| Shri Pranab Mukherjee, president of India (left) greeting Mohammad Karim Khalili, vice president of Afghanistan, New Delhi, Aug 21, 2013 |
India's rupee crisis has muted its obsession with
overtaking China and with growth halving in recent years, international focus
has been drawn to the development challenges in Asia's third biggest economy.
Amartya Sen, a Nobel laureate,
is a professor of economics and philosophy at Harvard, and this week he
wrote in The New York Times that since Indian independence in 1947, life
expectancy at birth has more than doubled, to 66 years from 32, and per-capita
income (adjusted for inflation) has grown fivefold. In recent decades, reforms
pushed up the country’s once sluggish growth rate to around 8% per year, before
it fell back over the last two years.
He however acknowledged China's superior capacity
to deliver public services and said that almost one in every 5 males and one
in every 3 females are illiterate while less than half the children can
divide 20 by 5, even after four years of schooling.
China's public spending on health is at 2.7% of
GDP (gross domestic product) while India's is at 1.2%.
Sen says the inadequacies in education and health
require more democracy not less, rather than moving closer to China's
Jagdish Bhagwati, the other well-known
Indian emigrant economist who is professor of law and
economics at Columbia University, is a bitter rival of Sen's and they are each
79 years old.
Bhagwati, is best known for his work on trade and
has been critical of Amartya Sen's model of growth, which he says has actually
hurt the poor in India by not really supporting the market reforms in 1991 and
pushing for a Food Security Bill which would create inflation.
India has a notorious reputation for bureaucratic
red tape and Prof Bhagwati has no confidence in the political system delivering
a significant improvement in public services.
Last month, 23 children, aged between four and
12, died after eating a lunch of lentils, potatoes and rice cooked at the school
in a poverty-stricken village.
Forensic tests showed the meal was contaminated
with monocrotophos, a lethal pesticide banned in many countries.
The infrastructure deficit was highlighted last
year when there were huge electricity blackouts, affecting 600m people.
Arvind Subramanian, an Indian national,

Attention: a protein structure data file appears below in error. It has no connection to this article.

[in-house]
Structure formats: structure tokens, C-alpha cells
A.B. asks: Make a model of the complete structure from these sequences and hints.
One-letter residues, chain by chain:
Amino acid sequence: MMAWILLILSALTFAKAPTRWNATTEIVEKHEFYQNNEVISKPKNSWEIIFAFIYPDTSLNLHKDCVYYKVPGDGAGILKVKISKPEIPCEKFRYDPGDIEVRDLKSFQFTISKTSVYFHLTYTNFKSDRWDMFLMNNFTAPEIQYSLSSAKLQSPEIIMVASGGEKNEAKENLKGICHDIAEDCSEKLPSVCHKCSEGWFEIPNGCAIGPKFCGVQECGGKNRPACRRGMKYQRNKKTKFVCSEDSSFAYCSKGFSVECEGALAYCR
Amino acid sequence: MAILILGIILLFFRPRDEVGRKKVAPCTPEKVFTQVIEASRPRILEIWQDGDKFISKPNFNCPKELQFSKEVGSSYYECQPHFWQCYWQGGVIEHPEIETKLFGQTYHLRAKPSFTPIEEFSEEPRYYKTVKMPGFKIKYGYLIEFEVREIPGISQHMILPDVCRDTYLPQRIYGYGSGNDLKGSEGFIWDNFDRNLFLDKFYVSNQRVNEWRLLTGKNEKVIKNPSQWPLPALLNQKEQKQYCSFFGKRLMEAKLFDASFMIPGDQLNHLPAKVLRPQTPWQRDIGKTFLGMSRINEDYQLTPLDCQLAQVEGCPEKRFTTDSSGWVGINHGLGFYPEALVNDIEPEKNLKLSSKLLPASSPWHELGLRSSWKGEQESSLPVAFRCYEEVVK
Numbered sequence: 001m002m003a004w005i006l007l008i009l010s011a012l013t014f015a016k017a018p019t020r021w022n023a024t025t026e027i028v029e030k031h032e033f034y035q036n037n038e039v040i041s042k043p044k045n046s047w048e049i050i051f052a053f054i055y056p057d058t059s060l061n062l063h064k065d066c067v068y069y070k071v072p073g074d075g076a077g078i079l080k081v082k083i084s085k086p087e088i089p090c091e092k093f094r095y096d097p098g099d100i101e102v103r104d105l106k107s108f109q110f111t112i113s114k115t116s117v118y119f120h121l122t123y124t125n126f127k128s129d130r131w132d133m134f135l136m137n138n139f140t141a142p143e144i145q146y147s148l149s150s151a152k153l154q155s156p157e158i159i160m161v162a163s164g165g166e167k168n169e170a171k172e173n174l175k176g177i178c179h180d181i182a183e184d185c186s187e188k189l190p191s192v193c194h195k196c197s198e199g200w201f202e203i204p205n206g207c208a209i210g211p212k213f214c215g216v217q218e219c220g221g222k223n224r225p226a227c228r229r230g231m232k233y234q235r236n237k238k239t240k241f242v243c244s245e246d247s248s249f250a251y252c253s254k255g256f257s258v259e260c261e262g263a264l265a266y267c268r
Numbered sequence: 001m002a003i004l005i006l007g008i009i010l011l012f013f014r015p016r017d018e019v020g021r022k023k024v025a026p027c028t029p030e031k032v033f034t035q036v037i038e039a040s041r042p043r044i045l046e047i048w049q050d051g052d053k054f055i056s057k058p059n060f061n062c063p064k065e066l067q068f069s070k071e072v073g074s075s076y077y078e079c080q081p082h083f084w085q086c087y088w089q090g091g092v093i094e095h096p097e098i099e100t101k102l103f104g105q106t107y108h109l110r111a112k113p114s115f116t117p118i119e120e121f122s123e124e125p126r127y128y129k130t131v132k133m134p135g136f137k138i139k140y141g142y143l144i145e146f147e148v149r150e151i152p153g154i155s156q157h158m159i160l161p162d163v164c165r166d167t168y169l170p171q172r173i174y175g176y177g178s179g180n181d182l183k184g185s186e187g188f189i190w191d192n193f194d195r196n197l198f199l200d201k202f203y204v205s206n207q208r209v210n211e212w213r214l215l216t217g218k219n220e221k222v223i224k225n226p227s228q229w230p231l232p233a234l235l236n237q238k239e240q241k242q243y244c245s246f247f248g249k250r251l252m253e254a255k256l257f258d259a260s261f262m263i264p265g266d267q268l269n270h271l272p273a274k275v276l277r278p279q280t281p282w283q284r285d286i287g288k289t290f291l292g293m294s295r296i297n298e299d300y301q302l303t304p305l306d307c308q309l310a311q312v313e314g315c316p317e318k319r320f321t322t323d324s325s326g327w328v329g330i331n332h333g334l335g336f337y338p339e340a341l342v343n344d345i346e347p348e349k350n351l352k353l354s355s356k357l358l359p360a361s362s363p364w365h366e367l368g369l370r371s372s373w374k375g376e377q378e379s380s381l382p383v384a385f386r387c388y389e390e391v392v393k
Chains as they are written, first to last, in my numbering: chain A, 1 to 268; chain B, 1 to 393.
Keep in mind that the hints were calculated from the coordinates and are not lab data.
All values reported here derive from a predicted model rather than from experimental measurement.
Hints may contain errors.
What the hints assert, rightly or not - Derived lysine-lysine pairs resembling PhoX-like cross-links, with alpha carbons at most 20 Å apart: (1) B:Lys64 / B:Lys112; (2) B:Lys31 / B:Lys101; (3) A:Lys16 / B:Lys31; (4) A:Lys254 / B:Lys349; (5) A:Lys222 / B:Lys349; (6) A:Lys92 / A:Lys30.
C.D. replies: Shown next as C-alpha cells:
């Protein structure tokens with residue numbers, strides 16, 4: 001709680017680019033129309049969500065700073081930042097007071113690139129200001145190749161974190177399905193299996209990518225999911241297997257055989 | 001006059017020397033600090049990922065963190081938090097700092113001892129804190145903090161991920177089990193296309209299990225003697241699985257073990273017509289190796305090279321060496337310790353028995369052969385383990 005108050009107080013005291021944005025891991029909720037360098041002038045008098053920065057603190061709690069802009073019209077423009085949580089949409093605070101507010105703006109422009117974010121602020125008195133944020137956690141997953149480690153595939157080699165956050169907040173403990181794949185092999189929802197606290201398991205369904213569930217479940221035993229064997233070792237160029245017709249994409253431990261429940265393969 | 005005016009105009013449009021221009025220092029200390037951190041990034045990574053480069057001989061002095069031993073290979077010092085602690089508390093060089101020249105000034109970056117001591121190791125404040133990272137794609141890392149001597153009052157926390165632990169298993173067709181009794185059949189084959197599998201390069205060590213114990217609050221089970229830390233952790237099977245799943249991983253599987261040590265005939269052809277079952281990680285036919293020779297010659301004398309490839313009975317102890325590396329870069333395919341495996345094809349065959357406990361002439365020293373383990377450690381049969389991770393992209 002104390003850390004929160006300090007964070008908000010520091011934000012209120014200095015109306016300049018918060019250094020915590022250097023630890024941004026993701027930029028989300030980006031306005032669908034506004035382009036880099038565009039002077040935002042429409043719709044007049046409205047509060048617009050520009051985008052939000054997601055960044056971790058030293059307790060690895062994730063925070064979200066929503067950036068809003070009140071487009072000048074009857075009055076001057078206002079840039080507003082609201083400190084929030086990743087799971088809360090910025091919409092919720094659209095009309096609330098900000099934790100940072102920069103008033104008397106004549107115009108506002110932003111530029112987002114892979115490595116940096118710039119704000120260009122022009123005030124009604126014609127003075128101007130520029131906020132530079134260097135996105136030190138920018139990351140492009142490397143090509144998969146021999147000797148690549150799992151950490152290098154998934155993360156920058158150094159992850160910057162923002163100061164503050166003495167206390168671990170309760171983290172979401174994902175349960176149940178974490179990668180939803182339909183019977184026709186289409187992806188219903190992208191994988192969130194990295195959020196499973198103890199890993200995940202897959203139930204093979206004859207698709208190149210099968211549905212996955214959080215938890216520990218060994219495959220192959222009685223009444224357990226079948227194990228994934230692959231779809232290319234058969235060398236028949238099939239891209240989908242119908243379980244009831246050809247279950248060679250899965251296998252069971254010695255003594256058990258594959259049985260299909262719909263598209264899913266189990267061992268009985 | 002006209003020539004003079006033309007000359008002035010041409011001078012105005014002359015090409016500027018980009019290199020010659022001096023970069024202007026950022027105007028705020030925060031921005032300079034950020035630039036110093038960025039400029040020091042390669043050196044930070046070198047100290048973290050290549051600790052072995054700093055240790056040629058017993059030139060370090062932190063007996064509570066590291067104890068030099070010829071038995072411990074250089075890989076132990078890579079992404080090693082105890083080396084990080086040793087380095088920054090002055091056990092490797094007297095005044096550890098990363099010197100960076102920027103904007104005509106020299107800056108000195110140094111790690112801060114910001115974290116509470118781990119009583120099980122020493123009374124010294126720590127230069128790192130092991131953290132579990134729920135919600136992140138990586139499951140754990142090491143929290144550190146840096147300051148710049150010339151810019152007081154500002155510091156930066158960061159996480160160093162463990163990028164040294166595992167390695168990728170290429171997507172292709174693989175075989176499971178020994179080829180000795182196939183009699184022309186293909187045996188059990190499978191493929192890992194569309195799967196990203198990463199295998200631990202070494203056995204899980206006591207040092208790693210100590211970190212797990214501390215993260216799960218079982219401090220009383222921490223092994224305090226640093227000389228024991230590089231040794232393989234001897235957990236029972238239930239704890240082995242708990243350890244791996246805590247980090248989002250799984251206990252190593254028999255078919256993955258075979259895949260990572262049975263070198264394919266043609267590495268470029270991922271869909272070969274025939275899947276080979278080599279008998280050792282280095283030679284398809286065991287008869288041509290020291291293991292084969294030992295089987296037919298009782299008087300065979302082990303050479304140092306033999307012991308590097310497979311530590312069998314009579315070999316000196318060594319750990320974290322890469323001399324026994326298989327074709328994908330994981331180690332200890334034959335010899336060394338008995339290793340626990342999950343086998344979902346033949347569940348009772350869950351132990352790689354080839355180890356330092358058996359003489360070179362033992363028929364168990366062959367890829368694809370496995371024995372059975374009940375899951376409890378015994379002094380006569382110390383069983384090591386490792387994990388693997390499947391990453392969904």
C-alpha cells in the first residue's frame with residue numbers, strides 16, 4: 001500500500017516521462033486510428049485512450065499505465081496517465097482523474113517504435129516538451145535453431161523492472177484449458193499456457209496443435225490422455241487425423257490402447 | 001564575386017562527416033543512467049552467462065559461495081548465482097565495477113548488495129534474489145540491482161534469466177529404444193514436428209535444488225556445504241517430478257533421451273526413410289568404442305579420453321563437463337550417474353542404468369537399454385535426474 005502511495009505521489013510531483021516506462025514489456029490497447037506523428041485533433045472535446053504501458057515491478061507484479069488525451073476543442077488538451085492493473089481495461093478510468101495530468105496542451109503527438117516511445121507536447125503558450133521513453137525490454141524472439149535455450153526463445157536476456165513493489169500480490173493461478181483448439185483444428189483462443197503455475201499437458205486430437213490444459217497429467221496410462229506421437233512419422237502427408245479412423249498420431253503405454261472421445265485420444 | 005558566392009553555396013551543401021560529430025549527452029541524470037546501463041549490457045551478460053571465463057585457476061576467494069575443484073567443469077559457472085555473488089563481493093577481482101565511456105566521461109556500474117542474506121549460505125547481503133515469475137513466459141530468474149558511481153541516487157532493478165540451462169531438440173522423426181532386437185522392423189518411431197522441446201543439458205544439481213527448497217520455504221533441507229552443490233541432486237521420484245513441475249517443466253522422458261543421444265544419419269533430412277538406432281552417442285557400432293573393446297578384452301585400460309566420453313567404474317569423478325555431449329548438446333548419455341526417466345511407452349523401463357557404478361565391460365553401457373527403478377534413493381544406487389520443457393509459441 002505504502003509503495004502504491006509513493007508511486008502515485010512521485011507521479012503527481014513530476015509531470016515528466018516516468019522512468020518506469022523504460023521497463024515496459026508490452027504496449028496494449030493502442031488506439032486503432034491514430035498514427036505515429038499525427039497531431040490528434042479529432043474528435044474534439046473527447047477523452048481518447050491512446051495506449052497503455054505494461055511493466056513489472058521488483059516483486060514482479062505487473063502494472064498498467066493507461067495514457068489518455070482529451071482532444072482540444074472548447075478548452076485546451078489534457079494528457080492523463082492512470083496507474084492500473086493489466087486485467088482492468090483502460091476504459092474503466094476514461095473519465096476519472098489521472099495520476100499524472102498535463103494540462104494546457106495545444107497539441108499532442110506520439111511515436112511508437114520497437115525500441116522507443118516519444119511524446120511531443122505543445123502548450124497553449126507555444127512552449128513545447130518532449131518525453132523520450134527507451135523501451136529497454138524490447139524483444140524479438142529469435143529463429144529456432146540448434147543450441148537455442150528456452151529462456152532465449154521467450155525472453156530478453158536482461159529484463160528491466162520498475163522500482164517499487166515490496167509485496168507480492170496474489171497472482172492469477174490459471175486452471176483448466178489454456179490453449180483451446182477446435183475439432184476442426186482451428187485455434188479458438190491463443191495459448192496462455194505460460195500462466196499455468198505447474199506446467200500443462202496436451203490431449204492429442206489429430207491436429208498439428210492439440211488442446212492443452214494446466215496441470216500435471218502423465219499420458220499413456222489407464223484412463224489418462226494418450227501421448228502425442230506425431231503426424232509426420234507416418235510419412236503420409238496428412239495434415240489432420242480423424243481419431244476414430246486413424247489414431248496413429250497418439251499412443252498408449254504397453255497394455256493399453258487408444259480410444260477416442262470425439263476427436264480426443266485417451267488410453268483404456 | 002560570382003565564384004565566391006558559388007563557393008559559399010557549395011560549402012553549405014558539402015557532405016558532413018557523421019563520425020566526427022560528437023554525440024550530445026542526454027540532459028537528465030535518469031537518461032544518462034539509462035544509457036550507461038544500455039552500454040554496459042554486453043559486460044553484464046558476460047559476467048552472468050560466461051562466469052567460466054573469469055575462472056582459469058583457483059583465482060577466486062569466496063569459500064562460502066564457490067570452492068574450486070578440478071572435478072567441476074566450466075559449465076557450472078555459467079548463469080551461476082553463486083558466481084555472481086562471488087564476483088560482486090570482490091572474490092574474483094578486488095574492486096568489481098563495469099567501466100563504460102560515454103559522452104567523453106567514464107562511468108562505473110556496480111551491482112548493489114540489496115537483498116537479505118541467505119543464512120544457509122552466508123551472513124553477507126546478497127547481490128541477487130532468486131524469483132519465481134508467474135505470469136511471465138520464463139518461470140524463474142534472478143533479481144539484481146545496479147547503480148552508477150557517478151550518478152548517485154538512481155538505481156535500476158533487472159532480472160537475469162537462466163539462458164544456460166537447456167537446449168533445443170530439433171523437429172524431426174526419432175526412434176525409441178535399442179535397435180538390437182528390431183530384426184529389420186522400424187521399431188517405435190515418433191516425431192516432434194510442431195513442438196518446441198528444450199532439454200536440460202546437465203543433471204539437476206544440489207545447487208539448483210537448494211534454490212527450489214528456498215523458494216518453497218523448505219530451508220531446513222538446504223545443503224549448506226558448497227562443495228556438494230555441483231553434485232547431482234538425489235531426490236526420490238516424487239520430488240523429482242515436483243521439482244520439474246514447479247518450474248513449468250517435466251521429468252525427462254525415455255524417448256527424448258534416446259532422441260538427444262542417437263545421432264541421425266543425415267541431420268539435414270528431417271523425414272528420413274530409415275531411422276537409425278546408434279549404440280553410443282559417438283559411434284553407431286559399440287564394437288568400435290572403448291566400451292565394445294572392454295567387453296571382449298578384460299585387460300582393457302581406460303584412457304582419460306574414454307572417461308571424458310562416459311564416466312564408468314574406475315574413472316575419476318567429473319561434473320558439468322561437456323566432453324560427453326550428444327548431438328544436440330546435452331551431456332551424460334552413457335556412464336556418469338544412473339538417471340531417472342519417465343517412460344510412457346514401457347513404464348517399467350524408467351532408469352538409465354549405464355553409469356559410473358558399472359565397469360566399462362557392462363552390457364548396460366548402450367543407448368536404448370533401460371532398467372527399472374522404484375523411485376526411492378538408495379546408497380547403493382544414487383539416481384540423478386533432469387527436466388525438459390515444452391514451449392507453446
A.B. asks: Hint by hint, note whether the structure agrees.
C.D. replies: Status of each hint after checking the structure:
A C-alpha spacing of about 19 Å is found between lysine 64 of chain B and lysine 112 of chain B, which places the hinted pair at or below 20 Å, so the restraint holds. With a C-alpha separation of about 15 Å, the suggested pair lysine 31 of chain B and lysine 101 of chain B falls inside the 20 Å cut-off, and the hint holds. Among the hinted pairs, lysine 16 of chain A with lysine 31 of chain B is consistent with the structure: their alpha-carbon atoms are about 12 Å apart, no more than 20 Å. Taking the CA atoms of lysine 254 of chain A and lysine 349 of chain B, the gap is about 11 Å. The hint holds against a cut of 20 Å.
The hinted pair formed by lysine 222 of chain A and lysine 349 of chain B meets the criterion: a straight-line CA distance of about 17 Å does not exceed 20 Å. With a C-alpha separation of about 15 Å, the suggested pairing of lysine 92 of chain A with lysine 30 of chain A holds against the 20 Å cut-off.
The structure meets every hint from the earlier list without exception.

who is based at the Peterson Institute for International Economics in Washington
[In Lord Richard Attenborough’s movie Gandhi,
an underling of the British Empire heatedly warns his supercilious boss that
Mahatma Gandhi’s impending protest march to the sea poses a far greater threat
than the Raj realizes: “Salt, sir, is a symbol.” This elicits the memorable
sneering put-down from the boss (played by Sir John Gielgud): “Don’t patronize
Subramanian asked: is power, or rather the power sector, today’s salt - -
emblematic of both the pessimistic outlook and promise of India?
Twenty years ago, just over 40% of India’s
households had electricity. Today, that’s up to 66%. Much of the power is stolen
or given away free. Local politicians put pressure on power companies to keep
tariffs low, which leads to huge losses.
Advances in solar technology such as
the solar lamp, have great potential in rural areas.
Soutik Biswas, Delhi correspondent of
said in August 2012:
- India has an installed capacity of more than
170,000 megawatts, up from a mere 1,362 megawatts at the time of
Independence in 1947;
- Despite its soaring energy needs, India has
one of the lowest per capita rates of consumption of power in the world -
734 units as compared to a world average of 2,429 units. This is nothing
compared with say, Canada, (18,347 units) and the US (13,647 units). China's
per capita consumption (2,456 units) is more than three times that of
- Sixty-five years after independence, only
nine states - - Andhra Pradesh, Gujarat, Karnataka, Goa, Delhi, Haryana,
Kerala, Punjab and Tamil Nadu - - of 28 have been officially declared
India's exports during 2012-13 stood at
US$300.3bn, while imports were at $491.9bn. The trade deficit stood at $191.6bn.
Ireland's goods exports were insignificant at €235m in 2012 compared with
€337m in exports to Romania. Imports were valued at €365m. Services trade
with India does not even merit separate country data.
Reuters reports that India's foreign exchange
reserves were at $278.602bn as of August 9; China's reserves grew from $600bn 10
years ago to $3.5tn as of June this year.
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